It is true that I typically cannot distinguish noun from pronoun, verb from adverb, or preposition from proposition, so when Rick suggested I read Language and Art in the Navajo Universe by Gary Witherspoon, I was uninspired. Most often English feels like a second language to me, and Priscilla has many times counseled that Navajo is complex and almost impossible for outsiders to learn. Rick can, however, be persistent, so after his copy of the book sat around the trading post for a month, I took it home. After it had kicked around the house for another three months, I ran out of alternative reading material and gave it a thumbing.
After dragging my feet far too long, I realized Rick was not going to relent, so I dived in. Having waded through most of the introduction, which required a great deal of focus, I was still unsure this was the right read for me. Then I came to a paragraph where Witherspoon said, “Navajos taught me that anything you cannot remember without writing down is something you do not know or understand well enough to use effectively. So I have tried to learn about Navajo life and culture by entering it, not by recording or inscribing it.”
Witherspoon’s description accurately illustrates how I have approached Navajo culture at the trading post; I entered it and it entered me, so I took that as a sign Rick was correct and I needed to forge ahead.
In the first chapter, Witherspoon discusses the Navajo belief that, using various elements already in existence, the Holy Ones thought and sang the world into existence. This is an alien concept for those of us steeped in Western philosophy and theology, but it somehow made sense to me. Witherspoon then recites part of the Beautyway ceremony in which First Man speaks to two beings who personify thought and speech. These individuals originated in First Man’s medicine bundle, and it is said that when they emerged their beauty, excellence, and radiance were unequaled.
First Boy and First Girl are understood to be the parents of Mother Earth, who is also known as Changing Woman. To traditional Navajo people, Changing Woman is the female deity responsible for fertility, new growth, regeneration, and a continuing stream of offspring on this planet. I had never considered who Mother Earth’s parents might be, or even if she had any. She seemed timeless to me, eternal. Typically, when I come across a new concept like this, I approach Priscilla to confirm it is not taboo to discuss openly with other individuals. She is my local expert. Once Priscilla green lights the information, I feel comfortable talking with artists about how the idea might inspire their art.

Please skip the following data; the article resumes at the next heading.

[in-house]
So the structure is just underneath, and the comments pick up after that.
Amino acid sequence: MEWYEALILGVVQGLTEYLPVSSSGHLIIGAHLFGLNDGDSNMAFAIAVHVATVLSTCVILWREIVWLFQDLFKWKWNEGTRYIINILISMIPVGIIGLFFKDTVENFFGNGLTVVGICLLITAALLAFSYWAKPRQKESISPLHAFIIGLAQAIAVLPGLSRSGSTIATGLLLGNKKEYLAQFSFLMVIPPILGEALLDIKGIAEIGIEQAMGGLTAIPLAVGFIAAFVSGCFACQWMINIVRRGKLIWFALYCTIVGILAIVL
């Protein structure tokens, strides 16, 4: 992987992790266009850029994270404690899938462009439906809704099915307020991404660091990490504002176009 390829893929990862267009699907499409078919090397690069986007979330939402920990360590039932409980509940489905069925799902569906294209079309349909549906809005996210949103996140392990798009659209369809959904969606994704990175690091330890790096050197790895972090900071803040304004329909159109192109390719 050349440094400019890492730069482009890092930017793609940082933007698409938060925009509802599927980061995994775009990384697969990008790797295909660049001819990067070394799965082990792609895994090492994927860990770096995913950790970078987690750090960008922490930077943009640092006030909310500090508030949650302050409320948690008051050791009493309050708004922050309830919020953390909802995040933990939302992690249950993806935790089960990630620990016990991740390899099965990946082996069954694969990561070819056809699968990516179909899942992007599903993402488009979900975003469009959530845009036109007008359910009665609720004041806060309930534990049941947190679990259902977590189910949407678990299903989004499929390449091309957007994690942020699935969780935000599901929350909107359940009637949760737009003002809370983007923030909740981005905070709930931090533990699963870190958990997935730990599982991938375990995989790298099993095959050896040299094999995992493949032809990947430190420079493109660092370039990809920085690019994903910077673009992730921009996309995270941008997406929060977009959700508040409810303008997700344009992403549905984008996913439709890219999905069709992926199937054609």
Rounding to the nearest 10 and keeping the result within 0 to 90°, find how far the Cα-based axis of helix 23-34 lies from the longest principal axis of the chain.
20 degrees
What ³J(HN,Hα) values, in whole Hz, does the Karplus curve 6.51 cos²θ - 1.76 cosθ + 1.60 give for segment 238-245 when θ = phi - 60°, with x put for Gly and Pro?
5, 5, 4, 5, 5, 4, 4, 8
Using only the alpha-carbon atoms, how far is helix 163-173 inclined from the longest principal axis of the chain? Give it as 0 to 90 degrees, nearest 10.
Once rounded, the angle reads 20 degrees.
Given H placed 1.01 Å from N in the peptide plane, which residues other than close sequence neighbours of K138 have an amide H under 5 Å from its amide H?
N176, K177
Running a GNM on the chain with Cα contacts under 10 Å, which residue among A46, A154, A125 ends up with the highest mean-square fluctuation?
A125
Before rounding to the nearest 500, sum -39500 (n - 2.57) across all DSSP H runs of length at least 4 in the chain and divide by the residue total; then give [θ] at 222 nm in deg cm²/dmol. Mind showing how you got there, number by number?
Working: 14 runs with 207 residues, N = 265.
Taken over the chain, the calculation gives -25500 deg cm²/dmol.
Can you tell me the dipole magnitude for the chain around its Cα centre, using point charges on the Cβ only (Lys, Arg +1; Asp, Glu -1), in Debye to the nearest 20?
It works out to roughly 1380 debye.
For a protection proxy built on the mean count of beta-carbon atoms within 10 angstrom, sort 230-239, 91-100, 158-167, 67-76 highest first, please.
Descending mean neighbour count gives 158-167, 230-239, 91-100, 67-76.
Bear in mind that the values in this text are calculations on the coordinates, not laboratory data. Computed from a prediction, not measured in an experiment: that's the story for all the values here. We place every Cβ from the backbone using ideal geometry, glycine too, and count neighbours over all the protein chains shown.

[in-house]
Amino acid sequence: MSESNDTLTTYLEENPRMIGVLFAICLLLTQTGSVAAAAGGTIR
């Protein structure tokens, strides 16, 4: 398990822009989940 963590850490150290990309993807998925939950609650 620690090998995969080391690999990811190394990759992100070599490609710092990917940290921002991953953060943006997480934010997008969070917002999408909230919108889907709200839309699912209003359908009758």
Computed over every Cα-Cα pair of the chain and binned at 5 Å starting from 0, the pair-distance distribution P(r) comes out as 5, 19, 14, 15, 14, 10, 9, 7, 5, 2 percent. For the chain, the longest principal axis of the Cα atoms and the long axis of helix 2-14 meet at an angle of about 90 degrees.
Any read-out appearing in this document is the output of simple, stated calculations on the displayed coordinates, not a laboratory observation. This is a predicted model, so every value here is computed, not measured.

After I received Priscilla’s stamp of approval, the first person to stop by was Elsie Holiday, arguably the best Navajo basket weaver ever, so I showed her the passages in Witherspoon’s book. At the beginning of our working relationship, Elsie and I settled on a principle outlined by Paul Wellstone, “We all do better when we all do better.” As a result, she and I have shared ideas, collaborated on designs, and generally worked in tandem to ensure great art happens. Almost daily Priscilla, Rick, Susie, and I stare at Elsie’s work in amazement, haunted by her talent. Her design sense, variety of subjects, materials preparation, and execution are excellent.
Elsie left that day saying she had an idea and would return once she worked it out. About a week later, she reappeared with a sketch incorporating First Boy, First Girl, and Mother Earth all on the same basket, a truly innovative construct. About two months later, she completed the weaving and came to reveal the results.
At this point, we have seen "Hunger Monster," "Funky Frog," "Navajo Picasso," "Ceremonial Cash," and many others, but we have never seen a basket like "Thought, Speech, and Mother Earth." This weaving blends one of the foundational stories of Navajo culture with Elsie’s distinctive style to make an inspired weaving. Priscilla, Rick, Susie, and I are once again stunned by Elsie’s art, and anxious to see what comes next.